Re: Dumping /dev/zero to the console

Paul Gortmaker (
Sun, 21 Jul 1996 00:14:21 +1000 (EST)

- From Webmaster (
Thu, 18 Jul 1996 15:22:58 +0000

>> On linux console, even as a non-priv user, do a:
>> % dd if=/dev/zero bs=1024k
>That's basically the same as the "grep whatever /dev/zero" discussed
>on this list a while back.

No it is not the same. The "grep whatever /dev/zero" sucks up all mem
if you don't have sensible limits, but the above doesn't. In fact it
doesn't require /dev/zero at all. A 1MB zeroed block works equally as well.
This simple program does the same thing: running it on a virtual
console means I can barely type anything on another VC (one charater
per 15sec or so) or barely move the mouse under X. Yet switching VC's or
toggling a keyboard LED is instantaneous (Stuck in console_bh?). It is not
an "out of RAM" issue, I can assure you of that. The same program can be
run in an xterm with no effect. System is 2.0.7-aout with gcc2.7.2-aout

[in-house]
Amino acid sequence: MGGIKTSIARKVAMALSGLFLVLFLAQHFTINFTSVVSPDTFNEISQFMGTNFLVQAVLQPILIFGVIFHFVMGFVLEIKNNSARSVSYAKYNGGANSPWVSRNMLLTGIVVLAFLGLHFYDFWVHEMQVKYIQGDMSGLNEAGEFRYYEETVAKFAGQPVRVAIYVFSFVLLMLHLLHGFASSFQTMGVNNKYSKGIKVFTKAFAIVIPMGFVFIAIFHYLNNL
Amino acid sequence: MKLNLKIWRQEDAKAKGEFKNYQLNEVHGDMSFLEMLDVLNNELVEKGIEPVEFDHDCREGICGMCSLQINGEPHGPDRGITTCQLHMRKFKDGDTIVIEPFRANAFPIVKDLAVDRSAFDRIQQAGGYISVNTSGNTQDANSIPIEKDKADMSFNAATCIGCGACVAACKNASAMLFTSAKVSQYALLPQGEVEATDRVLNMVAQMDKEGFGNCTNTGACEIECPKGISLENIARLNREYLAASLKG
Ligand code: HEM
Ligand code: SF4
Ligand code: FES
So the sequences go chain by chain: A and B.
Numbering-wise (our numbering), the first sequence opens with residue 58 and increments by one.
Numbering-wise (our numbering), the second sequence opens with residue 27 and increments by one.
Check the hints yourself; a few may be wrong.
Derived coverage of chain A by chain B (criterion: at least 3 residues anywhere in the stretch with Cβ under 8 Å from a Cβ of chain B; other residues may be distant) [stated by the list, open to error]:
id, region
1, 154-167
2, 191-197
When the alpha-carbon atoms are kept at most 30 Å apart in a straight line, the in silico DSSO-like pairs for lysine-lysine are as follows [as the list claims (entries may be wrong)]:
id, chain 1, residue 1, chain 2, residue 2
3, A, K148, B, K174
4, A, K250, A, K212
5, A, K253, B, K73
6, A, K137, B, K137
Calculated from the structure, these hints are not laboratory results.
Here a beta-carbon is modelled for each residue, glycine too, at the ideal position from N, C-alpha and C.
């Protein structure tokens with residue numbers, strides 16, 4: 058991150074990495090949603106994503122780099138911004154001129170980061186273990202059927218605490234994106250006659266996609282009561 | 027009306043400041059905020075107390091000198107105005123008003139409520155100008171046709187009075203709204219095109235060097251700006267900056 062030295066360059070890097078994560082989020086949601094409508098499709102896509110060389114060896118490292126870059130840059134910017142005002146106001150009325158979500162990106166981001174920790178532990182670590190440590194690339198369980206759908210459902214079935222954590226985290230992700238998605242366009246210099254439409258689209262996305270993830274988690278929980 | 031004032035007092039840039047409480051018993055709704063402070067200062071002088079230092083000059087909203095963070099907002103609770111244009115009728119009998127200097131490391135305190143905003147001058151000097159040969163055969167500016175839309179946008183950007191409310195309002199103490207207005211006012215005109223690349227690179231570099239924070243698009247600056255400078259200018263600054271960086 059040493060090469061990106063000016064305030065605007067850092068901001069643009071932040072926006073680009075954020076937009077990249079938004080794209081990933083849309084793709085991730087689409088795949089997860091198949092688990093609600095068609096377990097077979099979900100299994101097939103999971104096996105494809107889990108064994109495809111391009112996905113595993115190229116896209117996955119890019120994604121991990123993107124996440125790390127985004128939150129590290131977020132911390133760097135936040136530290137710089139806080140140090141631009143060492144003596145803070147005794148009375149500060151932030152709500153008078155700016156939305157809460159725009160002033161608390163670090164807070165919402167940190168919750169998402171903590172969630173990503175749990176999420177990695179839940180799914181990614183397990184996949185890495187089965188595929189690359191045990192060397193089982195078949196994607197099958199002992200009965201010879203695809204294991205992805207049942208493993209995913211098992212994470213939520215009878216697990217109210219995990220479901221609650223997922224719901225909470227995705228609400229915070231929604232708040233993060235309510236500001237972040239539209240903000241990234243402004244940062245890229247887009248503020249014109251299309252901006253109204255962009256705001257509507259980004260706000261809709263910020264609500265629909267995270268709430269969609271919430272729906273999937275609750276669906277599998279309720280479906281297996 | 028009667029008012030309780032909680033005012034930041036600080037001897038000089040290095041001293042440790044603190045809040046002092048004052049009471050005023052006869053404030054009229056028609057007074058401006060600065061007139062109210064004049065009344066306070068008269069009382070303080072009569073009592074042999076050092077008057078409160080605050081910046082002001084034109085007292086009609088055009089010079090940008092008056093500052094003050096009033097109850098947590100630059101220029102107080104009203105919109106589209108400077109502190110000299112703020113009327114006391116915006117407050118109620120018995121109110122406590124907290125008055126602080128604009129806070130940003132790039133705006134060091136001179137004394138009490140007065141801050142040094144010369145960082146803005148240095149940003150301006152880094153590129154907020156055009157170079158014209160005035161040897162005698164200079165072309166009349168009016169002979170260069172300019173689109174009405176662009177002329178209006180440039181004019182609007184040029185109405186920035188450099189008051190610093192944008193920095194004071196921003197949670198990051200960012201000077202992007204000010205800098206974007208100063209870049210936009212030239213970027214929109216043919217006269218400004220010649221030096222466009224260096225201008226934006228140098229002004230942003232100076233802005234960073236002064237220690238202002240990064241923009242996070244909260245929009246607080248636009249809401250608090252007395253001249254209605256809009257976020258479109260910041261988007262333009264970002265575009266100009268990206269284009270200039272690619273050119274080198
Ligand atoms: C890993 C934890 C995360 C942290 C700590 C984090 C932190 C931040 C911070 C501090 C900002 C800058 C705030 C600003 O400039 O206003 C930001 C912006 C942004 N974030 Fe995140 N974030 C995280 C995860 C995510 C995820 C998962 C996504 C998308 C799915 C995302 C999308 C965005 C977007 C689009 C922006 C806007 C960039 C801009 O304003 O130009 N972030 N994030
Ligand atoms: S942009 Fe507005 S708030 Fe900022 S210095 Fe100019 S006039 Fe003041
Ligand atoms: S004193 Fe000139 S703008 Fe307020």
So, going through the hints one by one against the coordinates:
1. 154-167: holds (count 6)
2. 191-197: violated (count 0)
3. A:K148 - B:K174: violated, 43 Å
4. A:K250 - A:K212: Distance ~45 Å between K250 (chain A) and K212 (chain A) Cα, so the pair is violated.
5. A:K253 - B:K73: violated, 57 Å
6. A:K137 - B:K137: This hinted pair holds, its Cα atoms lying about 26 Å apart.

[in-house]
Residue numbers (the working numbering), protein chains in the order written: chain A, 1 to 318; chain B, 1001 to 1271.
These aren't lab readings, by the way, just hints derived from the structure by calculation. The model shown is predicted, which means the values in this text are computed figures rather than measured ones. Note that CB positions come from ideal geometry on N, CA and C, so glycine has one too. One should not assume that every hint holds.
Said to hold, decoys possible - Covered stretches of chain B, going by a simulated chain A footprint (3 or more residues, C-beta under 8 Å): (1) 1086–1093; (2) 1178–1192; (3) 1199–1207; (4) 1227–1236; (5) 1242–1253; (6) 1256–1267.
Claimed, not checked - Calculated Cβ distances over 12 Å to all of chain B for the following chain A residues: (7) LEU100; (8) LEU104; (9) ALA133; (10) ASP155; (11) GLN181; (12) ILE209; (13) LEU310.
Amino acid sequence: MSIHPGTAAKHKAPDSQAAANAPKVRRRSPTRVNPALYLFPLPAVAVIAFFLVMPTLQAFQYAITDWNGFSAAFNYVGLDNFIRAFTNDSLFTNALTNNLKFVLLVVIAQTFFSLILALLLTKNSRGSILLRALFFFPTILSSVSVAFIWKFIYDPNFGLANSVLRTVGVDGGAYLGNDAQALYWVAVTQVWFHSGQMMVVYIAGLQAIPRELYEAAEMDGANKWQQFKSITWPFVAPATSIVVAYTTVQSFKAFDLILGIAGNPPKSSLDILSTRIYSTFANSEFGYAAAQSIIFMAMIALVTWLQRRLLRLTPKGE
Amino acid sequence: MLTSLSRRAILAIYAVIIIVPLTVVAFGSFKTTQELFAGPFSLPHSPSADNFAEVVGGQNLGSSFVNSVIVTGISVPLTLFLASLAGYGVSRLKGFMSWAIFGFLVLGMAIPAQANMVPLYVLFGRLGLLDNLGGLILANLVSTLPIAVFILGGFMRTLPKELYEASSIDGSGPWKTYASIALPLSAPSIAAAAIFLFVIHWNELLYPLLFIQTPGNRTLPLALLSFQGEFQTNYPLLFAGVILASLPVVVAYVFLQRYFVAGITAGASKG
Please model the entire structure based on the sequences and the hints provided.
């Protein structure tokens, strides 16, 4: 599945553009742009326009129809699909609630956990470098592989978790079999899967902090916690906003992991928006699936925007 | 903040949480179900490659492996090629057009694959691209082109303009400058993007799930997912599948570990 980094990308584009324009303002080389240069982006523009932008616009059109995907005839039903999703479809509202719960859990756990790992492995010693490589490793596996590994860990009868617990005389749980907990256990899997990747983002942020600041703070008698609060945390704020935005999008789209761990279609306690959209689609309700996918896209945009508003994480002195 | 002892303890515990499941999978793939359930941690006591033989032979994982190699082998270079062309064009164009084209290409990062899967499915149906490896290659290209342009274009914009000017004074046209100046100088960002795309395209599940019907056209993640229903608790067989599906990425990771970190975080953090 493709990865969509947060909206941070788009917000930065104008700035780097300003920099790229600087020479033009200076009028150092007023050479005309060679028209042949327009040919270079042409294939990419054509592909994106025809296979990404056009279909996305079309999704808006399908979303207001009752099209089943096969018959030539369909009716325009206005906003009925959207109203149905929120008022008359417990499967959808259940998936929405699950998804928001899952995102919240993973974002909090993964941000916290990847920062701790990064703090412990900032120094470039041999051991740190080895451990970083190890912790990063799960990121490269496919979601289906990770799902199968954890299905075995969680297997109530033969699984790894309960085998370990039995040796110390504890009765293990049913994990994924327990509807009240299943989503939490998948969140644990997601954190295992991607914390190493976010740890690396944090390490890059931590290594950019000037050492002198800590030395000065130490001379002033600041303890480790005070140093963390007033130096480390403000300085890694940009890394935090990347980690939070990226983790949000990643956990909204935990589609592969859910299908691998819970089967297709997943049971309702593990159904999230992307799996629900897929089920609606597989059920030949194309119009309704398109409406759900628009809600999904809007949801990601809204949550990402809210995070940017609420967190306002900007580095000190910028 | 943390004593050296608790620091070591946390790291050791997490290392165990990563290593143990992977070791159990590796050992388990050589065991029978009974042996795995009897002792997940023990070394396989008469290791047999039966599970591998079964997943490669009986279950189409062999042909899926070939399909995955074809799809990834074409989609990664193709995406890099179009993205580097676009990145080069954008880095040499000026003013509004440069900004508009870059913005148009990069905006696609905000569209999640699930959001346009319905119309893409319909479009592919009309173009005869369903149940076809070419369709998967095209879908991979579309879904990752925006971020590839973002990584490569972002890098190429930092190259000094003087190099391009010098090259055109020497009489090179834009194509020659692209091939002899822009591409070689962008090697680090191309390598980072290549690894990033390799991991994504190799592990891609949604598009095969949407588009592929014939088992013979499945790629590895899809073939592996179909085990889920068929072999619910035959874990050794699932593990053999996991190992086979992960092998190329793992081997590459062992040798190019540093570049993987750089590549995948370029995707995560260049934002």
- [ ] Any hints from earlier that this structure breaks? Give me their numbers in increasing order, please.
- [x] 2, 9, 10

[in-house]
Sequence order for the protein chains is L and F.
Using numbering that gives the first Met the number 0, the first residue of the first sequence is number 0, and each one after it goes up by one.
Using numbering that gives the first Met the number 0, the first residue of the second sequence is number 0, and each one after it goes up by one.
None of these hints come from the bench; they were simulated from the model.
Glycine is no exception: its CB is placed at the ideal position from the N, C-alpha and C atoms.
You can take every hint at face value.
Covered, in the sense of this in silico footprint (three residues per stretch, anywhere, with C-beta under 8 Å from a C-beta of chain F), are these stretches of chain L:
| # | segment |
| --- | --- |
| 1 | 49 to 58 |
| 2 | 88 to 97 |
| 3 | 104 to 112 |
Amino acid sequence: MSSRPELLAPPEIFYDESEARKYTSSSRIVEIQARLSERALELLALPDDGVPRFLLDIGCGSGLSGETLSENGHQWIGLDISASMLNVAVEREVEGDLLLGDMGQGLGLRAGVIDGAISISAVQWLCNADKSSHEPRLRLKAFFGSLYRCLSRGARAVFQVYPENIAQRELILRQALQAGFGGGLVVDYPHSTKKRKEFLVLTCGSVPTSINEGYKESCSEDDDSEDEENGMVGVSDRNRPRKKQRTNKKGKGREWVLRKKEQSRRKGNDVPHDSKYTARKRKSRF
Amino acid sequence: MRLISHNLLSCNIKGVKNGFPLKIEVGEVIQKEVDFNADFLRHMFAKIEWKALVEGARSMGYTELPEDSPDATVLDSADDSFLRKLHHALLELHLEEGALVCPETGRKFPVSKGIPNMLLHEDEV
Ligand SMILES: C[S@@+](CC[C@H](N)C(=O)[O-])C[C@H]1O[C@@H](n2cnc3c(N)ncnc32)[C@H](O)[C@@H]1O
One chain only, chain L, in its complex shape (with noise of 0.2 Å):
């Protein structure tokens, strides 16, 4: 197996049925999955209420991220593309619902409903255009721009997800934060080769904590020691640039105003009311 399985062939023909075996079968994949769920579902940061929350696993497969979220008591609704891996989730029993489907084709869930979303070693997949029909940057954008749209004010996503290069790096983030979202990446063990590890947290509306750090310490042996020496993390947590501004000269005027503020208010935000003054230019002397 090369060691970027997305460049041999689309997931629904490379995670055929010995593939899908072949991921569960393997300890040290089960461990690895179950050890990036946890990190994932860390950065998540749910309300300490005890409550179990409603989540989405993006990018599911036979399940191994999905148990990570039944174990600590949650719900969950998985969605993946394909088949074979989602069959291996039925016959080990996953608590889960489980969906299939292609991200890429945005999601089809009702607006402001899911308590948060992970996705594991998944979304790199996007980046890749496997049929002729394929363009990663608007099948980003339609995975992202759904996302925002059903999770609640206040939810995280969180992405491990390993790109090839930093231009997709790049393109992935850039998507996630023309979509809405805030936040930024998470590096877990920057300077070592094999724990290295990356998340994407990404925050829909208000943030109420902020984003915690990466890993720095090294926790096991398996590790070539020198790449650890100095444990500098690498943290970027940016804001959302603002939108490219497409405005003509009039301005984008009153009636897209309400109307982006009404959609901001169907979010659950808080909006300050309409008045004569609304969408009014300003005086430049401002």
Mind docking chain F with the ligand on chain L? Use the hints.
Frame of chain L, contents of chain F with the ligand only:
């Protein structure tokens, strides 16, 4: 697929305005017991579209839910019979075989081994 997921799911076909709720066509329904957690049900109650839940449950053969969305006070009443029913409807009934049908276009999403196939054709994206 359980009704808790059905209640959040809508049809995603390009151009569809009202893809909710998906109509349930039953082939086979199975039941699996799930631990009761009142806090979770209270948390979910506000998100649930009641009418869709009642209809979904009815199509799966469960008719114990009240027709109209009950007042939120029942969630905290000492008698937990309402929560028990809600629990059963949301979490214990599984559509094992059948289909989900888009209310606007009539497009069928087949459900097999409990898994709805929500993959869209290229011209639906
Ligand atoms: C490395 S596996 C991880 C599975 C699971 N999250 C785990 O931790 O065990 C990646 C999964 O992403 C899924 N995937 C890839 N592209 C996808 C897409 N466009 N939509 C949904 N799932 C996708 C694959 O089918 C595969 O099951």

and libc-4.7.5. No little elves in sight. I don't have the time to chase
the source of the problem down at the moment, but sending large blocks
of nulls to the console driver via stdout seems to do bad things.

#include <sys/types.h>
#include <unistd.h>
#include <fcntl.h>
#include <stdio.h>
#include <stdlib.h>
#include <string.h>

void main(int argc, char **argv) {

int count=atoi(argv[1]);
char buf[1024*1024];

memset(buf, 0, 1024*1024);
fprintf(stderr,"Writing %d 1MB blocks of nulls to stdout\n",count);
while (count--)
write(1, buf, 1024*1024);